In years gone by, when drunken students challenged each other to a fistfight, most of the time people just laughed it off the next day. It’s not like anybody actually got killed, right? You’d joke with your friends about beer making you underestimate your opponent’s size, and the other guy would say ,”It just happened, and I had a good time kicking ass.” But the fact that you both agreed to spar with each other should make no difference. Being drunk removes all responsibility from the other person, so long as that person is officially underprivileged. The few critics who dare question this new standard will point out that you can’t claim diminished capacity as a defense for DWI. Legal scholars are still scratching their heads trying to figure out how you can be responsible for your actions if you’re driving drunk, but not if you’re fighting drunk, or for that matter how one’s deemed privilege in society makes any difference to objective facts. Fortunately, nobody says much about this, and the few dissenters have been dismissed as “murder apologists” or even “murder advocates”.
Campus pugilism does still happen, of course; surely nobody’s trying to discourage that. (Occasionally Ms. Pinocchio has said that all roughhousing is murder, even when it’s consensual, but surely she didn’t mean what she said she meant.) Already you are very well aware that you can’t lay hands on people without permission. If you challenge someone but that person doesn’t feel like fighting, of course you find someone else. Also, you know that in a boxing match, if your opponent throws in the towel, the fight ends. Sometimes inexperienced boxers get a case of “last minute chickening out”; you understand all that. However, that’s not enough any more. There is a new change to the rules for boxing matches. After challenging each other and entering the ring, for every blow, each opponent has to ask “May I hit you?” and receive a clear “Yes” before throwing the next punch, all the way to the final knockout. So long as everyone observes this, that’s sports, not murder. It’s highly recommended, though, to have a video camera recording the bout to make sure that nobody is cheating. After all, you wouldn’t want to get lynched for failing to ask “May I hit you?” before you threw a left hook in the boxing ring. Although that can save you from a false accusation of murder, there will be no penalties for the person who just tried to get you lynched; tough shit, buddy.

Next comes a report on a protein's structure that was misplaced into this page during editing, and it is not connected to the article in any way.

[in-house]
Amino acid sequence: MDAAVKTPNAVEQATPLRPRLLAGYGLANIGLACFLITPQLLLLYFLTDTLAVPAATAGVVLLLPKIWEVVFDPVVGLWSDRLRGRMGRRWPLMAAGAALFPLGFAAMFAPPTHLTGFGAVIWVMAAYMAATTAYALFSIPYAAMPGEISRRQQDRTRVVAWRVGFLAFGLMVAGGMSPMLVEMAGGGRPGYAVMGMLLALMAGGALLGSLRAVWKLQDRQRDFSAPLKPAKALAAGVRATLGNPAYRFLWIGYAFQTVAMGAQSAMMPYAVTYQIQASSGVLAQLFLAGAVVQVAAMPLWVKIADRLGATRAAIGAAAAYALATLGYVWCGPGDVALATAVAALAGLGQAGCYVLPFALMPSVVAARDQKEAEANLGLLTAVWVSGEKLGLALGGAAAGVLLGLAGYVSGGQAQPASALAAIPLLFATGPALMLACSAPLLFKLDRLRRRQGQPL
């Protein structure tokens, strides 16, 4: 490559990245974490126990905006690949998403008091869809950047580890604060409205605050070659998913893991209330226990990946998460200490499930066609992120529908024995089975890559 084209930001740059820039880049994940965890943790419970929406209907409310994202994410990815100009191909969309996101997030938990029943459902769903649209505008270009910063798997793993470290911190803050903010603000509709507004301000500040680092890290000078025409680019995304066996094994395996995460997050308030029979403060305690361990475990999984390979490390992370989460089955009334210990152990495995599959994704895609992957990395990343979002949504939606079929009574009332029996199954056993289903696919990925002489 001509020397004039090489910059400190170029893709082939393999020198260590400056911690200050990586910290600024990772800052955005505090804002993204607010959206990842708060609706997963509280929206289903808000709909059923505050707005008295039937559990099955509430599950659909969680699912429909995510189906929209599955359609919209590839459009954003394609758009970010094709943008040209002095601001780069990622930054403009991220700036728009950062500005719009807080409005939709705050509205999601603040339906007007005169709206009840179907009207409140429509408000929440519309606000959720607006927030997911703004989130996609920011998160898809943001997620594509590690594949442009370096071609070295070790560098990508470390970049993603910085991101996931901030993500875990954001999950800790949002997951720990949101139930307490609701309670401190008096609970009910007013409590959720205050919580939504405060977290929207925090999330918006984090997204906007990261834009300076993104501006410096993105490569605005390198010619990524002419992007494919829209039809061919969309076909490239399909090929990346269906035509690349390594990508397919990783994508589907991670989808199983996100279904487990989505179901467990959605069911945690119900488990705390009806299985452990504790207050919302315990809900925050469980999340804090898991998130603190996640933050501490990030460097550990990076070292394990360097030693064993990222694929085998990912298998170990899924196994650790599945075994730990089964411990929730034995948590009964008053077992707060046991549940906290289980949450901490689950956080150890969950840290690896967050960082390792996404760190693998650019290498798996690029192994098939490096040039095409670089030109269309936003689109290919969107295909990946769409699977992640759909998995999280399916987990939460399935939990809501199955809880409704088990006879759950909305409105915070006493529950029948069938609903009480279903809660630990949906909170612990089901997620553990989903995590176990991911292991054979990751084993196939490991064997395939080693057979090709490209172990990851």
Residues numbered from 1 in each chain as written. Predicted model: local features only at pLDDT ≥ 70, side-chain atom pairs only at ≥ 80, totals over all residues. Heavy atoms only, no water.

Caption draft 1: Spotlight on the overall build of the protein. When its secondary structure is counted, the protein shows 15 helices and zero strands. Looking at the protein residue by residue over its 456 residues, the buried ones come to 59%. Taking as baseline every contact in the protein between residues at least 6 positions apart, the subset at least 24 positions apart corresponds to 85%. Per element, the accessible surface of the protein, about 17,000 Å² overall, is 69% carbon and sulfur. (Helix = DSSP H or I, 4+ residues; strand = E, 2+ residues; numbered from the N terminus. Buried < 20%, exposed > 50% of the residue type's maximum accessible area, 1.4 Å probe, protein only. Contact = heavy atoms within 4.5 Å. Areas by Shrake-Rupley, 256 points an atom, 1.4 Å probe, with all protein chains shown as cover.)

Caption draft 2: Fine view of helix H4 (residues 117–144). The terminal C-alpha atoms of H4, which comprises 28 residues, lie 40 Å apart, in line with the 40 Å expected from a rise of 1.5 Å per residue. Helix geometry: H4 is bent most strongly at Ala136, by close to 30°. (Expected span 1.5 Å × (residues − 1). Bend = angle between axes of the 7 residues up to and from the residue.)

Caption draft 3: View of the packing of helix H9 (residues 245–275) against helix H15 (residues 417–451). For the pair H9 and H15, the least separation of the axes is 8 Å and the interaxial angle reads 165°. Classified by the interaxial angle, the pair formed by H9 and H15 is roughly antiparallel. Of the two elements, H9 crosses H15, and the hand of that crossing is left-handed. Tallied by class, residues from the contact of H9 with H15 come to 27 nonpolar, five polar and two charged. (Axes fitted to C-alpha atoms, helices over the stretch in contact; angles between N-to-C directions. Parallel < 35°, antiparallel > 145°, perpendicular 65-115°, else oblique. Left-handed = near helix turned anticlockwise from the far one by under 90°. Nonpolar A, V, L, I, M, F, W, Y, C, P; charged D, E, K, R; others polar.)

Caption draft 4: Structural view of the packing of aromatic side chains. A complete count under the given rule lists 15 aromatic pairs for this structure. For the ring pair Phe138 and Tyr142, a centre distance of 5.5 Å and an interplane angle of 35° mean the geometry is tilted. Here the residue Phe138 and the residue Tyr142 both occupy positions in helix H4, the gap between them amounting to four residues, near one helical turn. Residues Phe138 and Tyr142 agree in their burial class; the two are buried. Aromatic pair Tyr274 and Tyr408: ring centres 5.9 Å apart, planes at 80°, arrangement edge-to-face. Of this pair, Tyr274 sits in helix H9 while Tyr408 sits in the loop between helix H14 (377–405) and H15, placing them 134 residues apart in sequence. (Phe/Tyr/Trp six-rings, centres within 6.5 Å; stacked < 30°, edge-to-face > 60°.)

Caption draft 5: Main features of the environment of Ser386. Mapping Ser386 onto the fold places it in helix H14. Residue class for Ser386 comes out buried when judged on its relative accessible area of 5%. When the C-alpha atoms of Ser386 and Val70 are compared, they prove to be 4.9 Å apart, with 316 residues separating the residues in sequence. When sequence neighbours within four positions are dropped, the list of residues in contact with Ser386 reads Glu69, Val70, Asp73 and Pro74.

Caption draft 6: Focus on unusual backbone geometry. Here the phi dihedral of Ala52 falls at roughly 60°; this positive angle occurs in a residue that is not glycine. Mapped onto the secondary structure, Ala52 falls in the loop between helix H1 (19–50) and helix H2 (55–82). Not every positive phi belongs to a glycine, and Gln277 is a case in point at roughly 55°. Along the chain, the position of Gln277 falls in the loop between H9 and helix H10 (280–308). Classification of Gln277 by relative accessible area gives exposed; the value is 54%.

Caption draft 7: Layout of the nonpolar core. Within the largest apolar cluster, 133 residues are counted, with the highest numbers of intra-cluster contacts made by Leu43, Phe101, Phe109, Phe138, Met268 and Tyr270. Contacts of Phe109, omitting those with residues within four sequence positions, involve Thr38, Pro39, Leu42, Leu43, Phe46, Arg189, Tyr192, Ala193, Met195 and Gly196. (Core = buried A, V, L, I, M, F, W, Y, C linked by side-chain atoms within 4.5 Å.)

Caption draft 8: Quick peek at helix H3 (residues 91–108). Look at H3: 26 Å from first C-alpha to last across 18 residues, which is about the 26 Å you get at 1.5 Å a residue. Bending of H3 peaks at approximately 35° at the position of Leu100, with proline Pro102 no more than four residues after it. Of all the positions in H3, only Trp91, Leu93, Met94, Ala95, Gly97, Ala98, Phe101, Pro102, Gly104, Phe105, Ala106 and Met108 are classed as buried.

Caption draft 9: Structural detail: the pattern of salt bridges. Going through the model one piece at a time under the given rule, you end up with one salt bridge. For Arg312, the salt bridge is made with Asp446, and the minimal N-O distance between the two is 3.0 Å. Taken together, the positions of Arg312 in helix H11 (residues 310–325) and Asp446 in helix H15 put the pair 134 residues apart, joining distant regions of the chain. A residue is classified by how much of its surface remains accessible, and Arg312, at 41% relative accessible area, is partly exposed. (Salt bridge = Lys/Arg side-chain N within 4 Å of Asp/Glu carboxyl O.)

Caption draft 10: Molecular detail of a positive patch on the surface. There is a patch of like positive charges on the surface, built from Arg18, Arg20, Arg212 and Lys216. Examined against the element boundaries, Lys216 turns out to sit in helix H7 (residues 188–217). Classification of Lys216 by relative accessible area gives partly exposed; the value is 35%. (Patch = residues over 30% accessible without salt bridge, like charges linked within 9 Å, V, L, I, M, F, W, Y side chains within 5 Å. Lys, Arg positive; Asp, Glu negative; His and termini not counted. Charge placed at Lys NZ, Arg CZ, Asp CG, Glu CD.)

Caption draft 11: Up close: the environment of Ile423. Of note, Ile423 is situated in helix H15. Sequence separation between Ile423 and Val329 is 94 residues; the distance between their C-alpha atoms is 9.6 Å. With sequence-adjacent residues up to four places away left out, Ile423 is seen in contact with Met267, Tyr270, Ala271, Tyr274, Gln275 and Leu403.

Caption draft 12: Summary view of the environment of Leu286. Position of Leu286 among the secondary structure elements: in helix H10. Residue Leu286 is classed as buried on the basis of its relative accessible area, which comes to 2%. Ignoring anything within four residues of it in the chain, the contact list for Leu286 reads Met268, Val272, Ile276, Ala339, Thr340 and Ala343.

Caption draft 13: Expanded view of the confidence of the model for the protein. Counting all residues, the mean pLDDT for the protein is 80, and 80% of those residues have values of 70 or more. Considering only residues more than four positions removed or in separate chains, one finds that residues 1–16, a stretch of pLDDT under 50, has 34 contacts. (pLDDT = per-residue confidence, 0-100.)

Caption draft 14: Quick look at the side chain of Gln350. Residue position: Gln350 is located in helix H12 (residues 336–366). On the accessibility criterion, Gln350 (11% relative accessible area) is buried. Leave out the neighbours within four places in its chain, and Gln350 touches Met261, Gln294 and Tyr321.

Following President Nyarlathotep’s bold lead, California has already adopted some of these new rules into law. Other jurisdictions are starting to take this initiative too. Still, that’s not enough. When we get past the notion that murder actually has to involve a dead body, we’ll be a lot safer. When we can do away with all that pesky due process stuff in criminal courts, then there will be justice. When that time comes, no more will prosecutors have to follow technicalities meticulously in capital cases; they’ll just be able to string you up for an allegation of pushing someone. After that goal of social justice is complete, we can then start working on the next most terrible problem facing society: strangers trying to talk to each other on the street. Always remember, security is more important than liberty.
Hopefully everyone is getting the allegory. Lest anyone try to twist my words, this is intended as satire, which should be obvious. Actually, I hate writing about this loathsome subject, but someone’s got to say it. Committing violent crimes is a horrible thing that nobody should do. Falsely accusing someone of the same is a horrible thing too. I will conclude with lines 3 and 4 of the Law Code of Hammurabi: “If any one bring an accusation of any crime before the elders, and does not prove what he has charged, he shall, if it be a capital offense charged, be put to death. If he satisfy the elders to impose a fine of grain or money, he shall receive the fine that the action produces.” The Babylonians got it right about that.